Rally Dakar History
Back in 1979, 182 teams started into a rally that has remained until today one of the biggest adventures you can experience on planet earth – the Dakar Rally. Founder of the today legendary event was Frenchman Thierry Sabine who himself had got lost in the desert during a rally in the past and needed several days to find his way back to the civilisation. Sabine chose France’s capital Paris as venue of the start and from there, the route took the competitors to Senegal’s capital Dakar. The name Paris – Dakar was born and has survived until today – although only 17 of the 35 Dakar Rallies contested to date really took the competitors from Paris to Dakar.
In the following years, the enthusiasm for desert adventure increased consistently and the first manufacturers began to show interest in the event. As early as in 1986, the Dakar field featured the first prototypes. In that year, however, the racing aspects proved to be of minor importance: Thierry Sabine died in a helicopter crash while searching for a lost motorcyclist.
In 2001 a German woman upstaged everybody. At the wheel of a Mitsubishi, Jutta Kleinschmidt won the Dakar as the first and still only woman in the history of the sport – together with her German co-driver Andreas Schulz.
In 2008, the Paris – Dakar hit rock bottom due to the political situation in Africa that nearly made for the end of the desert rally. Just a day prior to the start in Portugal’s capital Lisbon, the organiser had to cancel the event due to terror threats of Al Qaida against the Dakar Rally and its competitors.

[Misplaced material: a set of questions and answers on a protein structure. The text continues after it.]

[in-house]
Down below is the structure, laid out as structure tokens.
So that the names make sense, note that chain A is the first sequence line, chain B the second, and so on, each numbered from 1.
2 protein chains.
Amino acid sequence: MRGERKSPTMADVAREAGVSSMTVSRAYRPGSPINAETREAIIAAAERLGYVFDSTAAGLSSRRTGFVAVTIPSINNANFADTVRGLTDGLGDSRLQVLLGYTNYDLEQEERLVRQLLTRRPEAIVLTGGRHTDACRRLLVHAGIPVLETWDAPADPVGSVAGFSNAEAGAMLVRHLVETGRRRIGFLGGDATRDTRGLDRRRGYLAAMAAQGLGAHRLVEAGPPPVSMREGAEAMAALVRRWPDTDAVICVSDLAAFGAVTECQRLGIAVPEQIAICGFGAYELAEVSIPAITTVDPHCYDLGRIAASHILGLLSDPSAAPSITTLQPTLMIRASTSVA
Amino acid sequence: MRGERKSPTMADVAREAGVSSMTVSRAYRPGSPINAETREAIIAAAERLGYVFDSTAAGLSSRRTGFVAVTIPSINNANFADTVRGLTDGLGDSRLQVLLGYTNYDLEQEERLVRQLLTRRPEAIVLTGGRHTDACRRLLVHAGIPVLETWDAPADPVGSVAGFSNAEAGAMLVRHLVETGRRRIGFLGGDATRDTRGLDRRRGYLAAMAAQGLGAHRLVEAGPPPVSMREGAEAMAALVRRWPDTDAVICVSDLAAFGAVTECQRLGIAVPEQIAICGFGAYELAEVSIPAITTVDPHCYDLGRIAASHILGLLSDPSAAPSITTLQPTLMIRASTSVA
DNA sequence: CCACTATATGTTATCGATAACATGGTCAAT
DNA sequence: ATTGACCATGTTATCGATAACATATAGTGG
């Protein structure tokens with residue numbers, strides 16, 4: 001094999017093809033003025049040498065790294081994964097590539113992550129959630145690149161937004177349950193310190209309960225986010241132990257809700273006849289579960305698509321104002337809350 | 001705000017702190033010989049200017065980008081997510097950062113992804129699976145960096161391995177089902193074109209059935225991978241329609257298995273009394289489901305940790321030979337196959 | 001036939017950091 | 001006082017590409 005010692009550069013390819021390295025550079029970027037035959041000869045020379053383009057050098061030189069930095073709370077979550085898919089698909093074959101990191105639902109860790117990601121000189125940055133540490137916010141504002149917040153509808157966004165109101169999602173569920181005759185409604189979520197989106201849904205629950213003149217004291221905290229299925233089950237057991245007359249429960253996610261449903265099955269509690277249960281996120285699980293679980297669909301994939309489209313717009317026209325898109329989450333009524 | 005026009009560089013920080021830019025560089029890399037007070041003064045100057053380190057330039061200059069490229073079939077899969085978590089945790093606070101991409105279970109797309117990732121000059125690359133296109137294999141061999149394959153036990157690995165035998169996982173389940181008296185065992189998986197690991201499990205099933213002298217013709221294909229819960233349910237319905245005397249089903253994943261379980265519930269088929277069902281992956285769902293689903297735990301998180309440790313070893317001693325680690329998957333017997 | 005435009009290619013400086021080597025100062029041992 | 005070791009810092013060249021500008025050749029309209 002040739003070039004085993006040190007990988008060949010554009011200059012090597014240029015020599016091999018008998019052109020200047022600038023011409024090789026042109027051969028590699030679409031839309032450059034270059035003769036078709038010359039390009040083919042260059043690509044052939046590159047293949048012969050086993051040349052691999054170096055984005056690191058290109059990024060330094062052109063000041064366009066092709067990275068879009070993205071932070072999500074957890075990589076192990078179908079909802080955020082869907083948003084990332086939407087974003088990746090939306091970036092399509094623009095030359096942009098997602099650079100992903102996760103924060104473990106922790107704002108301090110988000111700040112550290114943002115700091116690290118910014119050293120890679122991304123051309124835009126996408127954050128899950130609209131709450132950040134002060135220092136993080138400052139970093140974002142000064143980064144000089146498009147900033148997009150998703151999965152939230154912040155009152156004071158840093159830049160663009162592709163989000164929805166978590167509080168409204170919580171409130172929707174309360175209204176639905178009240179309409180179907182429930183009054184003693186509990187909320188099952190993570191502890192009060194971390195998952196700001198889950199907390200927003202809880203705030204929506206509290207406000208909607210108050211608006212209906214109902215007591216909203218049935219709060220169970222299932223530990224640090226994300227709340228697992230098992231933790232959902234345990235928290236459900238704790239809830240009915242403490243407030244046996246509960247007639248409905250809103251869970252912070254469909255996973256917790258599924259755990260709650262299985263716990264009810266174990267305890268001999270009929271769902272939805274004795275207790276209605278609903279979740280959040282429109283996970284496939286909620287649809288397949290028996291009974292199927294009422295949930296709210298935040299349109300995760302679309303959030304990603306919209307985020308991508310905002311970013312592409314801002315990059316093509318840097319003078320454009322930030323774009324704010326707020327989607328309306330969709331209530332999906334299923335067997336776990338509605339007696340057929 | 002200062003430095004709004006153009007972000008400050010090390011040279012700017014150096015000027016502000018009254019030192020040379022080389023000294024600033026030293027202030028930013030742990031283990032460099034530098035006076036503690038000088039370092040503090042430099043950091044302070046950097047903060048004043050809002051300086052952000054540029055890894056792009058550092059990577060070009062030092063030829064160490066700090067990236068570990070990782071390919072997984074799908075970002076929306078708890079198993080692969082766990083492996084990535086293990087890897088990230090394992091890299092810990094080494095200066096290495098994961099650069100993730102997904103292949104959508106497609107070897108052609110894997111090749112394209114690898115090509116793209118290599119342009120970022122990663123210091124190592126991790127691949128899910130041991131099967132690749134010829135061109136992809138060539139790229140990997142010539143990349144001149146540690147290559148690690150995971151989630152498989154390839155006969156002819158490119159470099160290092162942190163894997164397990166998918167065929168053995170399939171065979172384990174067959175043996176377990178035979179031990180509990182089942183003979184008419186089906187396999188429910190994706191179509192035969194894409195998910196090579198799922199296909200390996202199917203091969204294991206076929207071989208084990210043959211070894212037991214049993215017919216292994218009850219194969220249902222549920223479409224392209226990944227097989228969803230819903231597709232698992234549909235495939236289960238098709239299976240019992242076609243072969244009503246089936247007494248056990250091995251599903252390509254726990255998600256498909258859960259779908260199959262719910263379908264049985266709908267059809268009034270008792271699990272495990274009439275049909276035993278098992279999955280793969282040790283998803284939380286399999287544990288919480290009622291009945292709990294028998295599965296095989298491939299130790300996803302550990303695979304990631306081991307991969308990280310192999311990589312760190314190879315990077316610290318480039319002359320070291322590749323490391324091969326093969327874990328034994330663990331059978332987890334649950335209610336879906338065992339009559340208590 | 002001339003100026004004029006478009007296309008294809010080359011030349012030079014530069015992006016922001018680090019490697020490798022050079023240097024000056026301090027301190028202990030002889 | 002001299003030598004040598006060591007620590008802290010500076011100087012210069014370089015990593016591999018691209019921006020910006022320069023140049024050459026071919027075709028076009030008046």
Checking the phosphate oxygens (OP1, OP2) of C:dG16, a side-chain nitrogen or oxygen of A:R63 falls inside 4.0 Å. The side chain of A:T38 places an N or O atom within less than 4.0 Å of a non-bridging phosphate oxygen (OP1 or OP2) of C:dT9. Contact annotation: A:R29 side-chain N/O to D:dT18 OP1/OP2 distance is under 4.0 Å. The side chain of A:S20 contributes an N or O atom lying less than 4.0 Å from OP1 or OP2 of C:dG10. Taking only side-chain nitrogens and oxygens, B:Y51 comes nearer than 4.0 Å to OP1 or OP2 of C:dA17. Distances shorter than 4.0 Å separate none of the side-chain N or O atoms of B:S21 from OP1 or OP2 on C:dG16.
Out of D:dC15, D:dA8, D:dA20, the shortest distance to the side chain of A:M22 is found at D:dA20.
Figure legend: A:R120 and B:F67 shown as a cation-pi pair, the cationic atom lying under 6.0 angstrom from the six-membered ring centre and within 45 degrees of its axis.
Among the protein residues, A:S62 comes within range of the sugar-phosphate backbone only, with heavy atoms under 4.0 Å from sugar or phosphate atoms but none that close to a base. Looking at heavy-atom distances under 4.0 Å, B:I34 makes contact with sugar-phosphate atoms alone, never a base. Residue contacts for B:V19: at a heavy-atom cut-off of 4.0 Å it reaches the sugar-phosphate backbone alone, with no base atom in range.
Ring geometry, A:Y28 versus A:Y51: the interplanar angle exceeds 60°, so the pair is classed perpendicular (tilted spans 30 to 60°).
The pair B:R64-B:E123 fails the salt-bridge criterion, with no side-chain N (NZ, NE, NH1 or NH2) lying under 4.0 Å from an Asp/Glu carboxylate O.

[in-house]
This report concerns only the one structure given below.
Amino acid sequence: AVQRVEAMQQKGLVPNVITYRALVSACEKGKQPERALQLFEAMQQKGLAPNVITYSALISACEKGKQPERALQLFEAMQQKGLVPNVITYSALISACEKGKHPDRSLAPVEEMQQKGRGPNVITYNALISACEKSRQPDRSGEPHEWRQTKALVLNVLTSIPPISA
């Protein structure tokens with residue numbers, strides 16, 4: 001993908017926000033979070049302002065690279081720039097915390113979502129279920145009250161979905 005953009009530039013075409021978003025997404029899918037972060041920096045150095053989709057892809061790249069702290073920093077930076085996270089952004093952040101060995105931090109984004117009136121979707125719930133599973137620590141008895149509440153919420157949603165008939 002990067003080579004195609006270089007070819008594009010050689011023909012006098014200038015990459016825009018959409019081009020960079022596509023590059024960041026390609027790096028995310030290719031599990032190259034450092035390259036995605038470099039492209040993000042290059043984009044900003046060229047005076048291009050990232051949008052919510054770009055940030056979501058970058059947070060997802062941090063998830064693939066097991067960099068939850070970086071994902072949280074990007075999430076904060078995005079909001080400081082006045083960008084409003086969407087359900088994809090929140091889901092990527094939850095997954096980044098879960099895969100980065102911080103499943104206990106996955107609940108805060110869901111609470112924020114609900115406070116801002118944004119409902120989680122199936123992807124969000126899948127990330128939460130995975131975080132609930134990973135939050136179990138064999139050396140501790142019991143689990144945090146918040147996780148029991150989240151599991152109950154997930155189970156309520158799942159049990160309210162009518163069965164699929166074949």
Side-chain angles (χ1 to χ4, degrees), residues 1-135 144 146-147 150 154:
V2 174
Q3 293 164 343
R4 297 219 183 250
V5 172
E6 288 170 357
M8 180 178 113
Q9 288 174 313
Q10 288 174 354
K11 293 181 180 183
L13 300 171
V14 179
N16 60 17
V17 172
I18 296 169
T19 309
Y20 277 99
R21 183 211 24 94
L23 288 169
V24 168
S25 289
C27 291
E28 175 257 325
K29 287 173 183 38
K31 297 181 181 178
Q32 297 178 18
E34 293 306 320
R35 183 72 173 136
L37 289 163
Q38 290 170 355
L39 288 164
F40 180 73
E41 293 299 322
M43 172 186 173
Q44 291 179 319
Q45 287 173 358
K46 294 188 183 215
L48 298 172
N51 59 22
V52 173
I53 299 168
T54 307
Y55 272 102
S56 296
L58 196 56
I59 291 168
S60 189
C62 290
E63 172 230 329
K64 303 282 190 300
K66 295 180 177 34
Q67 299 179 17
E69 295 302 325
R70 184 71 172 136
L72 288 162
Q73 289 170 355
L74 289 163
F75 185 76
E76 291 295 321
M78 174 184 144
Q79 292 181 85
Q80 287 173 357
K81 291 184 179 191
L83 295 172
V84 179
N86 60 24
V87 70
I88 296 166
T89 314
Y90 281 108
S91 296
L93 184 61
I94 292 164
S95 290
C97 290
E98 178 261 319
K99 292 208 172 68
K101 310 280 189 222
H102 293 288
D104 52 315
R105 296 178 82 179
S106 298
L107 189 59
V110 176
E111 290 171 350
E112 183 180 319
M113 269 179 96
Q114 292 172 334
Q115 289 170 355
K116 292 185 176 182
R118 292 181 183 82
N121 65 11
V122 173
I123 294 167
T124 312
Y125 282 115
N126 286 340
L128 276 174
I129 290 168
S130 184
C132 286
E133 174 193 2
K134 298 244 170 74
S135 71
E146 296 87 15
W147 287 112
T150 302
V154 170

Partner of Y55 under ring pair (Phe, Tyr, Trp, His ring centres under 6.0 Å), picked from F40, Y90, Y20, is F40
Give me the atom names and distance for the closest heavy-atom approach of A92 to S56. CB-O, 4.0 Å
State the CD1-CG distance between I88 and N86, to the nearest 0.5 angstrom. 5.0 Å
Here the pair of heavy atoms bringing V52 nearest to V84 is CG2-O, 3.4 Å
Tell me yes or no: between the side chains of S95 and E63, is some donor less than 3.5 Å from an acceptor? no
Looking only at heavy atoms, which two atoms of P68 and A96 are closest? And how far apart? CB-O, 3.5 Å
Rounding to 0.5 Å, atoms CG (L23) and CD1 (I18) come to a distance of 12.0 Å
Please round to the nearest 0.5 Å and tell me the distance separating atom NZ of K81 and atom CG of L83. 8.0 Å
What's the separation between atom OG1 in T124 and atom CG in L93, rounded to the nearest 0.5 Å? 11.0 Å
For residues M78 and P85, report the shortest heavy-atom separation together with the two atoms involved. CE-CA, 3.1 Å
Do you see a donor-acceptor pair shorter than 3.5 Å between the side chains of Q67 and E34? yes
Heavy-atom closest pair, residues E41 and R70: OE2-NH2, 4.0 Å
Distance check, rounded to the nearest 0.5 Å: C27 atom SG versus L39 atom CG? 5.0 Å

Due to the politically insecure situation, the organisers didn’t dare to return to the African continent and looked for a new venue. At the end of the day, they found it on the South American continent.
In a curious mood, the teams and drivers travelled to Buenos Aires – the start and finish point of the 2009 Dakar Rally – and were massively surprised. The population welcomed the Dakar with enormous enthusiasm and the start was witnessed live by a million of spectators along the track. Three years the route lead the competitors through Argentina and Chile – then in 2012 Peru became part of the Dakar for two years. In 2014, Bolivia was added to Argentina and Chile as host country. In the following years the route and participating countries changed. In 2017 a new host country, Paraguay, was added. This year the Dakar took place exclusively in Peru and was one of the hardest editions in its South American history.